Susanna Spencer has a masters in theology from the Franciscan University of Steubenville. She is a writer and the theological editor for Blessed is She, and writes on her own blog Living With Lady Philosophy. She is a homeschooling mother of four and lives with her family in St. Paul, Minnesota.
The fact that my husband was making just over the equivalent of ten thousand (modern British pounds) a year when we got married is not the real reason that Natural Family Planning makes my life like a Jane Austen novel. Neither is the fact that I have several very silly sisters, nor the fact that I am not going to be left a very large inheritance. The main characters in Austen’s novel and Catholic couples practicing NFP face the world in a similar way. Both combat the worldly temptations to self-love and self-indulgence by recognizing a higher good. They know that one’s every act forms one’s character, and that to be fully human one must act according to reason through the pursuit of virtue and the resistance of superficial worldly charm.
If you have ever read a novel or two by Jane Austen (I allow myself the pleasure of all six whenever I am pregnant), you may have noticed that in each of her novels, a heroine is pursued by a charming man of the world. Yet, as Alasdair MacIntyre explains in After Virtue, Austen shows that those who use only charm to attract the affection of others often have unhampered passions (see Ch. 14 and 16). Underneath that charm one often finds inordinate self-love, no real care for others, and unbridled self-indulgence. For example, the heroine Elizabeth Bennet, in Pride and Prejudice, finds herself taken in by the charm of Mr. Wickham, who has the easy ability to make himself liked no matter the company. His pleasing manner causes his creditors to overlook his debts and not mind his vicious habits of gaming and pursuing women. Yet, as Elizabeth learns, he has all the appearance of virtue while his rival Mr. Darcy has all the actually virtue.
Mr. Darcy, partly because of his pride and partly because of his pursuit of virtue, is unable to simulate the charm of Mr. Wickham. He finds it difficult to present himself as someone he is not. But the difference between him and Wickham is that he strives to overcome his faults by developing good habits. A virtue is a perfected good habit. He works to form his conscience through good acts, and learns to humble his pride to develop virtue. This interchange between Mr. Darcy and Elizabeth shows the importance of discipline and practice in order to develop habits, whether moral or practical:
“I certainly have not the talent which some people possess,” said Darcy, “of conversing easily with those I have never seen before. I cannot catch their tone of conversation, or appear interested in their concerns, as I often see done.”
“My fingers,” said Elizabeth, “do not move over this instrument in the masterly manner which I see so many women’s do. They have not the same force or rapidity, and do not produce the same expression. But then I suppose it to be my own fault—because I would not take the trouble of practicing. It is not that I do not believe my fingers as capable as any other woman’s of superior execution.” (Ch. 31)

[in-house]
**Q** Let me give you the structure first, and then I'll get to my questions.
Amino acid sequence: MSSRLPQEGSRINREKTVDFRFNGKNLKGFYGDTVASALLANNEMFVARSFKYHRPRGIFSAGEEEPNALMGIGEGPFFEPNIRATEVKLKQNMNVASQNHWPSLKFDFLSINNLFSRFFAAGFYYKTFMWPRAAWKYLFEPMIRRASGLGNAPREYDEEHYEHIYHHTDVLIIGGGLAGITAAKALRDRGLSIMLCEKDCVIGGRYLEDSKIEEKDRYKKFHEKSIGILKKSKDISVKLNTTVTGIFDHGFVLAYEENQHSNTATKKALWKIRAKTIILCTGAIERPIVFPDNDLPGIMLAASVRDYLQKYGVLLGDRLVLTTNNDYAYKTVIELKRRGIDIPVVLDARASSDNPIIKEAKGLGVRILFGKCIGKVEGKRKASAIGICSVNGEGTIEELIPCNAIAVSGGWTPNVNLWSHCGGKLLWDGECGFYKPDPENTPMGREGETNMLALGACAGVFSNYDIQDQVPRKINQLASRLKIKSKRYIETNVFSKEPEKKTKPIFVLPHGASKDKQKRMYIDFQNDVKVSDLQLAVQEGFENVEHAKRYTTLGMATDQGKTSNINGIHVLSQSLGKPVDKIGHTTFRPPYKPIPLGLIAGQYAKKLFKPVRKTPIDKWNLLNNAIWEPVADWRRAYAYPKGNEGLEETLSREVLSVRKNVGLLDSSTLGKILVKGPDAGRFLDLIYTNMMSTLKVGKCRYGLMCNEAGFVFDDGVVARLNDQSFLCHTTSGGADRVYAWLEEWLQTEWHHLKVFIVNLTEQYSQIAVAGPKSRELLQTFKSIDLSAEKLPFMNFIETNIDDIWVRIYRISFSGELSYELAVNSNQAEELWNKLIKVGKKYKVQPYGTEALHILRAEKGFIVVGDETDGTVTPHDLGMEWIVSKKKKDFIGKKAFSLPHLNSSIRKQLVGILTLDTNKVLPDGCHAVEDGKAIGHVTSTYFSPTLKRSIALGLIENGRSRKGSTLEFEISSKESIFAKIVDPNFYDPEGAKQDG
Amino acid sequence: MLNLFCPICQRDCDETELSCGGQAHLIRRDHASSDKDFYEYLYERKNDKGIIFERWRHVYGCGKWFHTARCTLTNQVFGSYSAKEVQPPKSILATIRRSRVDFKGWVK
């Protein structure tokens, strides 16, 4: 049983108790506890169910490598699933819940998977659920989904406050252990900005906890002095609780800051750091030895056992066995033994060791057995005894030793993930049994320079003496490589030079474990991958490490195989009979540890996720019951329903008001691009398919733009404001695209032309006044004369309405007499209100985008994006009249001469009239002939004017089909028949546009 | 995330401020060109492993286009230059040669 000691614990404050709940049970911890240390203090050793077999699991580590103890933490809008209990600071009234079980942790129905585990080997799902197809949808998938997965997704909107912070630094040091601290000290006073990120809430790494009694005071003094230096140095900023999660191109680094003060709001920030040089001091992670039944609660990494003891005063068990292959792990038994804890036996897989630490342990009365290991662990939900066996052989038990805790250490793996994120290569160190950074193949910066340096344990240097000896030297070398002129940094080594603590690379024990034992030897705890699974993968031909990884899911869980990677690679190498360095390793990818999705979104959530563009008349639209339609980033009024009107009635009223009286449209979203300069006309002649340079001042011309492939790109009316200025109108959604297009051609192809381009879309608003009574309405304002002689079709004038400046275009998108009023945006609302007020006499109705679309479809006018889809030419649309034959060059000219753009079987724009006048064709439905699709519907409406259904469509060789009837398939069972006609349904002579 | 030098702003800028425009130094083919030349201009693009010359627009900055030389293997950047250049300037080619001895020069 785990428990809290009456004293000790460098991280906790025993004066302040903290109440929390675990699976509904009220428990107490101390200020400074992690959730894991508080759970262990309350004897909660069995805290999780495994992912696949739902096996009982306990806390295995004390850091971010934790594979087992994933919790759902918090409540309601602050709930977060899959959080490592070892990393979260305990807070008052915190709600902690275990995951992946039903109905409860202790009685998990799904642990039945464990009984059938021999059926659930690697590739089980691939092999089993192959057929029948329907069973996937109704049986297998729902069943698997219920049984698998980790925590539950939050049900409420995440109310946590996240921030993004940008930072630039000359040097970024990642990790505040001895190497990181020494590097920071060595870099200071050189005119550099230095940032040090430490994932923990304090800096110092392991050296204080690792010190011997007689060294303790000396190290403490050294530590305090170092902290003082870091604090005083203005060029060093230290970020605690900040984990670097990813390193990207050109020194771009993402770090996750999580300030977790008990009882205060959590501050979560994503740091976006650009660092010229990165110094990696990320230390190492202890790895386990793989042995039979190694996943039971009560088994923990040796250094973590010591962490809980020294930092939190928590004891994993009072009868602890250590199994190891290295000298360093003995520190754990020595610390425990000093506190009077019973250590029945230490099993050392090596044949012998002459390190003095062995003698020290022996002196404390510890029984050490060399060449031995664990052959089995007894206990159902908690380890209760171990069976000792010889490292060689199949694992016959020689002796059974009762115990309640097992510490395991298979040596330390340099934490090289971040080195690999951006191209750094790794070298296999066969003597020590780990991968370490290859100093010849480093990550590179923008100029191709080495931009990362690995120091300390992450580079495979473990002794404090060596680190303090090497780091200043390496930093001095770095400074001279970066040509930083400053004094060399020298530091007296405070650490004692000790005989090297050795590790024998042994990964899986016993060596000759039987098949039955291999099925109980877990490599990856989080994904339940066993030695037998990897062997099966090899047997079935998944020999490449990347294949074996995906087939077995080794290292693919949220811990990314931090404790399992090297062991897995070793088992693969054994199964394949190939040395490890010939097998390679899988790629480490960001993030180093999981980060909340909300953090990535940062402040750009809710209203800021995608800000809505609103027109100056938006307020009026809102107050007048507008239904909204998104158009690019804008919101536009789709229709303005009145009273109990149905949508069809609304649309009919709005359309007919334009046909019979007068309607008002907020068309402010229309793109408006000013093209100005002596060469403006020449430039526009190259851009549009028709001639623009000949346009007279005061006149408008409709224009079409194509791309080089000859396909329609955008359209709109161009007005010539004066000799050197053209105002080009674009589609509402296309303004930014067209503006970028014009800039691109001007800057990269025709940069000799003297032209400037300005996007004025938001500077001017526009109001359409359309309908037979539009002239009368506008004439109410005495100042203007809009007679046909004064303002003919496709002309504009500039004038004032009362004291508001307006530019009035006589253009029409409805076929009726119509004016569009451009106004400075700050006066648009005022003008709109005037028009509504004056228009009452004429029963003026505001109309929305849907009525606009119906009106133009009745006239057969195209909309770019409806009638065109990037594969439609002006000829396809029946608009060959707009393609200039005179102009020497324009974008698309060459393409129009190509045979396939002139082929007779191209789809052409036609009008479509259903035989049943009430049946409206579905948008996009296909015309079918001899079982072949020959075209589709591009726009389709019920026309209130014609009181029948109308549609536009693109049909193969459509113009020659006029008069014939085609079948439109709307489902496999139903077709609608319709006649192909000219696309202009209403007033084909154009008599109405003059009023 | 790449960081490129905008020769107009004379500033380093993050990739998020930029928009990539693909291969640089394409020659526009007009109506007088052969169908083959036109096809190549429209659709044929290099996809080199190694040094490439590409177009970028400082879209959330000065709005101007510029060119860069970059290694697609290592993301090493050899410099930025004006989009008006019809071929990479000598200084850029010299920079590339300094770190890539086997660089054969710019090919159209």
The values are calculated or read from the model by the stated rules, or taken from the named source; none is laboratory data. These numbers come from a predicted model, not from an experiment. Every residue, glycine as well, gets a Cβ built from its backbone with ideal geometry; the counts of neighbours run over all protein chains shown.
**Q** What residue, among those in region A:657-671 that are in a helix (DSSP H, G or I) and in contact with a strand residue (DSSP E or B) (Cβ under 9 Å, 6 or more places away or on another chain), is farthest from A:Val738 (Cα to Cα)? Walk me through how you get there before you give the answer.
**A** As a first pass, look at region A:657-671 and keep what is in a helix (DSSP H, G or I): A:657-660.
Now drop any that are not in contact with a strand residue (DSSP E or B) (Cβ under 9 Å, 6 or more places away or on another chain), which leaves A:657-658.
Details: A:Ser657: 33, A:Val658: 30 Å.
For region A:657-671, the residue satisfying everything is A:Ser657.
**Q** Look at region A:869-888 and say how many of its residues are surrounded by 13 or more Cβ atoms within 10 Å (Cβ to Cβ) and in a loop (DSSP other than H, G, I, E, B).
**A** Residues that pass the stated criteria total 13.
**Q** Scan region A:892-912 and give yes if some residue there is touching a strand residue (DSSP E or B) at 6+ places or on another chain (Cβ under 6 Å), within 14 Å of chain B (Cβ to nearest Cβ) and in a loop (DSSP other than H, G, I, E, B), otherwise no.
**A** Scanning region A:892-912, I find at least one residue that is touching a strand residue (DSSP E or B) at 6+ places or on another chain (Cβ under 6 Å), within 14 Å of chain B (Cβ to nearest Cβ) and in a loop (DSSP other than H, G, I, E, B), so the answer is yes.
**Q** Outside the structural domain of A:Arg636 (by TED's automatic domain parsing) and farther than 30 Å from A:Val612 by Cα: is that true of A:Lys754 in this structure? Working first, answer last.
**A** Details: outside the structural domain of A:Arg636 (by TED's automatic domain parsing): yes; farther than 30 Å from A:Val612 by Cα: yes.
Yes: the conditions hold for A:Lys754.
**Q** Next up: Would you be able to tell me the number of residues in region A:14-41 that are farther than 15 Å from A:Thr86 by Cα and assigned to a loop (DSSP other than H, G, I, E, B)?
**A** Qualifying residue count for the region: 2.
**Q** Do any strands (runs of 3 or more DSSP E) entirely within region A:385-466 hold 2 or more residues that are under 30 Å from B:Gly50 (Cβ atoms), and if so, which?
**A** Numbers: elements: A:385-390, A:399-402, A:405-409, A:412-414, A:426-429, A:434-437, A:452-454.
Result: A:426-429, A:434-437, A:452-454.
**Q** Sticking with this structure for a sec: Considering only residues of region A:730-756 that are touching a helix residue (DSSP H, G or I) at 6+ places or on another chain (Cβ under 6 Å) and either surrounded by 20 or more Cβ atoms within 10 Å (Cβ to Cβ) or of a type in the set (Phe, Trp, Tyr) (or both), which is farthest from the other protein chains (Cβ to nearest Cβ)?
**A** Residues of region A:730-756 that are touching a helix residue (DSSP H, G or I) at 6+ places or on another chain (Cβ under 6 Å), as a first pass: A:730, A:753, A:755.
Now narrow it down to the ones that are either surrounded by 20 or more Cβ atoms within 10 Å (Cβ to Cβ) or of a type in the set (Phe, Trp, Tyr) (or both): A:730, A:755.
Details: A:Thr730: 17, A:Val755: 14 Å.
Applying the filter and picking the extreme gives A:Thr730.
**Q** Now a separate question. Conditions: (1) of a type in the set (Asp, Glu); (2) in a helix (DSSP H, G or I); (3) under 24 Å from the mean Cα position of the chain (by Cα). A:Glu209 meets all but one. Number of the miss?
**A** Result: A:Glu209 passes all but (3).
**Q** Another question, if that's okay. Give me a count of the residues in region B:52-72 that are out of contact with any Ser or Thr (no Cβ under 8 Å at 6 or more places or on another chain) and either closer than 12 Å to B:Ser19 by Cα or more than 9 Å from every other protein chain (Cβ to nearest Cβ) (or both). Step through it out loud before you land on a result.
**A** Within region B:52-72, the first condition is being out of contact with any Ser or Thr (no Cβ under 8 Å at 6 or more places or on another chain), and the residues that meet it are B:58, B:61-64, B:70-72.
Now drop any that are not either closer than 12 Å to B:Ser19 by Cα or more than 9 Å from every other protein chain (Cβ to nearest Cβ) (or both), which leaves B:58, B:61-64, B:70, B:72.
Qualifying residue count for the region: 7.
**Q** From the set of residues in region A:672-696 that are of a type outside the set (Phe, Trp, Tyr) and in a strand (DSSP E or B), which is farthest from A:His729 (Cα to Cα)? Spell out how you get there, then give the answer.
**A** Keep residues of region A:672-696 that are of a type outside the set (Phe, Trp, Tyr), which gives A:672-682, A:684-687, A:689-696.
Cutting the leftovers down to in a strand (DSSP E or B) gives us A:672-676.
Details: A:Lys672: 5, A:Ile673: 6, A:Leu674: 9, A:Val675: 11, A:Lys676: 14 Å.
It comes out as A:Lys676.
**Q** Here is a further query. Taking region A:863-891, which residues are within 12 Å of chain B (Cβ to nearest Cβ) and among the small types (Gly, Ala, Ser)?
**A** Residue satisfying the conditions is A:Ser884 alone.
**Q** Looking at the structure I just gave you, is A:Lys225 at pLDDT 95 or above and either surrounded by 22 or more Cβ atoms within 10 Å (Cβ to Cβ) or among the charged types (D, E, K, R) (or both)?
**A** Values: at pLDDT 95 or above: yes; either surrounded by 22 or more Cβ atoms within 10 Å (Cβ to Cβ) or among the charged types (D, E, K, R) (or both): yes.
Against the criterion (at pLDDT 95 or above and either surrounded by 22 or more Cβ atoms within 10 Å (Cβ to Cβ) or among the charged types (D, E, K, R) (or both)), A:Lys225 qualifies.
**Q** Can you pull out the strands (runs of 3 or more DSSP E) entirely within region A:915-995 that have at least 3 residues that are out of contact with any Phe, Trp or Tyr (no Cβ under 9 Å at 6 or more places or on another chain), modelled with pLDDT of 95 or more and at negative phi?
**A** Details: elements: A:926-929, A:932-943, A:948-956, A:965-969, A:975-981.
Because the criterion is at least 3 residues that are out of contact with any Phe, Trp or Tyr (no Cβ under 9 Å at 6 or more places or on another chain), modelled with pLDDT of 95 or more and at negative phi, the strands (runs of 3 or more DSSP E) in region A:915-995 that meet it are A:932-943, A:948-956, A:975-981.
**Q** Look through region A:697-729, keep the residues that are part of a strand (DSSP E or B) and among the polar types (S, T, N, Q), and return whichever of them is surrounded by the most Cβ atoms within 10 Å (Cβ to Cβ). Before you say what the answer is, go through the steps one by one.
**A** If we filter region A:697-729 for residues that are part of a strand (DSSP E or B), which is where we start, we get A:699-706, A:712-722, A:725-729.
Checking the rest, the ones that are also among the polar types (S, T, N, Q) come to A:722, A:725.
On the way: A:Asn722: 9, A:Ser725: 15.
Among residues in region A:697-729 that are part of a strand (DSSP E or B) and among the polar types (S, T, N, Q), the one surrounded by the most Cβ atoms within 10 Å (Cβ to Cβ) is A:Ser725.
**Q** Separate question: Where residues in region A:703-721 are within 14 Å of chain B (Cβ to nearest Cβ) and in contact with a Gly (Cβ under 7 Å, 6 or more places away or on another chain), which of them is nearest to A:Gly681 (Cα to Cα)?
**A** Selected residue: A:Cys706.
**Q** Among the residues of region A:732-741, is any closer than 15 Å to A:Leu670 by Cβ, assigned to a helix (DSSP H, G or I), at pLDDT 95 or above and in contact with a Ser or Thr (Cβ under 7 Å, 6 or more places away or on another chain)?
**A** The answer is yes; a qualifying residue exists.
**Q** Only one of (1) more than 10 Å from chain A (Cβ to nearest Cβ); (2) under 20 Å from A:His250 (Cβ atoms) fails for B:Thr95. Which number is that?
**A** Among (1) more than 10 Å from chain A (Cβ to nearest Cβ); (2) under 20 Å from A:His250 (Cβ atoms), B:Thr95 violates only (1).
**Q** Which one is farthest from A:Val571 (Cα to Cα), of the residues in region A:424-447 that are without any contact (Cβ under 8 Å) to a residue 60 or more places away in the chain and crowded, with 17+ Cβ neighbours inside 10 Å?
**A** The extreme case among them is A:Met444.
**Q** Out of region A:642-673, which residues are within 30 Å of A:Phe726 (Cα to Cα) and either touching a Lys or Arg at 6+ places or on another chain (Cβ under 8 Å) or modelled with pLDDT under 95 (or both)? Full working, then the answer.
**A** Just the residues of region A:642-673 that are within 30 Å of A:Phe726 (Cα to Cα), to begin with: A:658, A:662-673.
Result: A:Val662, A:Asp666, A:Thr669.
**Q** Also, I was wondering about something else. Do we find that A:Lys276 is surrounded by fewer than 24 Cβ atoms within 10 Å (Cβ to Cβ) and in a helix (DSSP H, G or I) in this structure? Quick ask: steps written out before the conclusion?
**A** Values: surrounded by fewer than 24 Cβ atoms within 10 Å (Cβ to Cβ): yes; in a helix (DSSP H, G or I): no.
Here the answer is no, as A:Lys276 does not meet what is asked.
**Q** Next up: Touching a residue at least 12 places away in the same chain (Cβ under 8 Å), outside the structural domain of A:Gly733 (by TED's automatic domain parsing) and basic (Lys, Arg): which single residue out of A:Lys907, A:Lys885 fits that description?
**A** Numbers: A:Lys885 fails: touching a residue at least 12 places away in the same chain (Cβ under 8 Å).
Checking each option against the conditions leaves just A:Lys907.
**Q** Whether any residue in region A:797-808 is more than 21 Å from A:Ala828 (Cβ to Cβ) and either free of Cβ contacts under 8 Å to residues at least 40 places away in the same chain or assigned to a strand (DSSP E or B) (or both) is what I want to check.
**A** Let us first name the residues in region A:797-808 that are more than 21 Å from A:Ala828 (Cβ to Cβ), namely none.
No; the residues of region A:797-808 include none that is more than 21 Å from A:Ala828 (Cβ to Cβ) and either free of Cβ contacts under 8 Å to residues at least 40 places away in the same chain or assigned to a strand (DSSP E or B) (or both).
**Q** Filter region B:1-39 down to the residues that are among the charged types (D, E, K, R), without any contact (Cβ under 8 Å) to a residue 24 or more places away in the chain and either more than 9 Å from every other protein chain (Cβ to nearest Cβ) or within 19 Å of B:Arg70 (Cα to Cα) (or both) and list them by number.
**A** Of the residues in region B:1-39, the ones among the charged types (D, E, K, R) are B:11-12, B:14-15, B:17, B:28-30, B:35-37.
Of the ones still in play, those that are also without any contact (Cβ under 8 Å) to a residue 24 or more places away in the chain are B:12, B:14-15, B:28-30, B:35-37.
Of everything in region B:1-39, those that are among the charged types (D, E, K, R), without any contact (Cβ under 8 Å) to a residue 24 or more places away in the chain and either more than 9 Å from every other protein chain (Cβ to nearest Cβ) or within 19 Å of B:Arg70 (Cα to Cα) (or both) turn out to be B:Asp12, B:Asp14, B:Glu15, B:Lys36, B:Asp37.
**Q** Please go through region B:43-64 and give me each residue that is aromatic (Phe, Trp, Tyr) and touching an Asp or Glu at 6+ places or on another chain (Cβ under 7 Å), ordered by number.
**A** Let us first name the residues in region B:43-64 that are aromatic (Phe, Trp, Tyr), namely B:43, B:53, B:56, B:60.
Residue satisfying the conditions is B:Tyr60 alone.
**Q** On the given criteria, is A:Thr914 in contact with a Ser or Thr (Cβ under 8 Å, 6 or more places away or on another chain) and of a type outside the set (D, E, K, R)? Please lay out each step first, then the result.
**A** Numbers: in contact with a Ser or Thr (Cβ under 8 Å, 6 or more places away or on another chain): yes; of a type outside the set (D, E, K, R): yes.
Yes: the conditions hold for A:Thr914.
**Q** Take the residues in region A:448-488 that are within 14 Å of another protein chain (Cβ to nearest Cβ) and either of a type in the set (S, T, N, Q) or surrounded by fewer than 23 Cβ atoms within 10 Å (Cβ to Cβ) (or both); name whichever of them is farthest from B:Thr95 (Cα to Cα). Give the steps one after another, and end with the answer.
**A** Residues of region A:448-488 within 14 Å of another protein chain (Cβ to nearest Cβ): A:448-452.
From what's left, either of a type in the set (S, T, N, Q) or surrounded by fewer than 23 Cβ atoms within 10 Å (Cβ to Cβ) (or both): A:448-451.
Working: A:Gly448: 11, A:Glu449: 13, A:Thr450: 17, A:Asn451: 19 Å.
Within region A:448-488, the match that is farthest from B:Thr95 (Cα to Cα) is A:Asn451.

Yet, despite his limited ability for small talk, Mr. Darcy was naturally inclined to be devoted to his friends and family. He has what Austen explains as the virtue of constancy, which is demonstrated through his concern and care for his close friends and his sister.
Constancy, a faithful love, according to MacIntyre, is for Austen the chief of virtues and that which she praises in all of her novels through the example of her characters. A person with constancy is one who perseveres in their devotion to the other in patience and with courage, and they do not give up their faithfulness to another even when their hope of being with the other is all but lost. The clearest example of constancy in Austen is that of Anne Elliot and her Captain Wentworth in Persuasion, who, after being separated for prudential reasons in their early youth, remain constant to each other for over seven years. Anne herself explains what it means to be constant: “All the privilege I claim for my own sex (it is not a very enviable one; you need not covet it), is that of loving longest, when existence or when hope is gone” (Ch. 23). For Austen, constancy is essential in order to have other virtues. Her characters without constancy are those who have to use charm to attract others or are simply unendurable for others.
Mansfield Park shows a great contrast between those who seek to charm the world and those who live to be virtuous. Fanny Price is guided in virtue by her older cousin Edmund Bertram. Edmund, to the disgust of a more worldly character, actually wants to be a clergyman. Fanny is more concerned with being a virtuous person than with pleasing the whims of others who desire her to violate her well-formed conscience. Her struggle to uphold what she knows to be true and to act accordingly brings about harsh consequences in her life, but she stands steadfast in courage, patience, and humility because she knows herself to be in the right.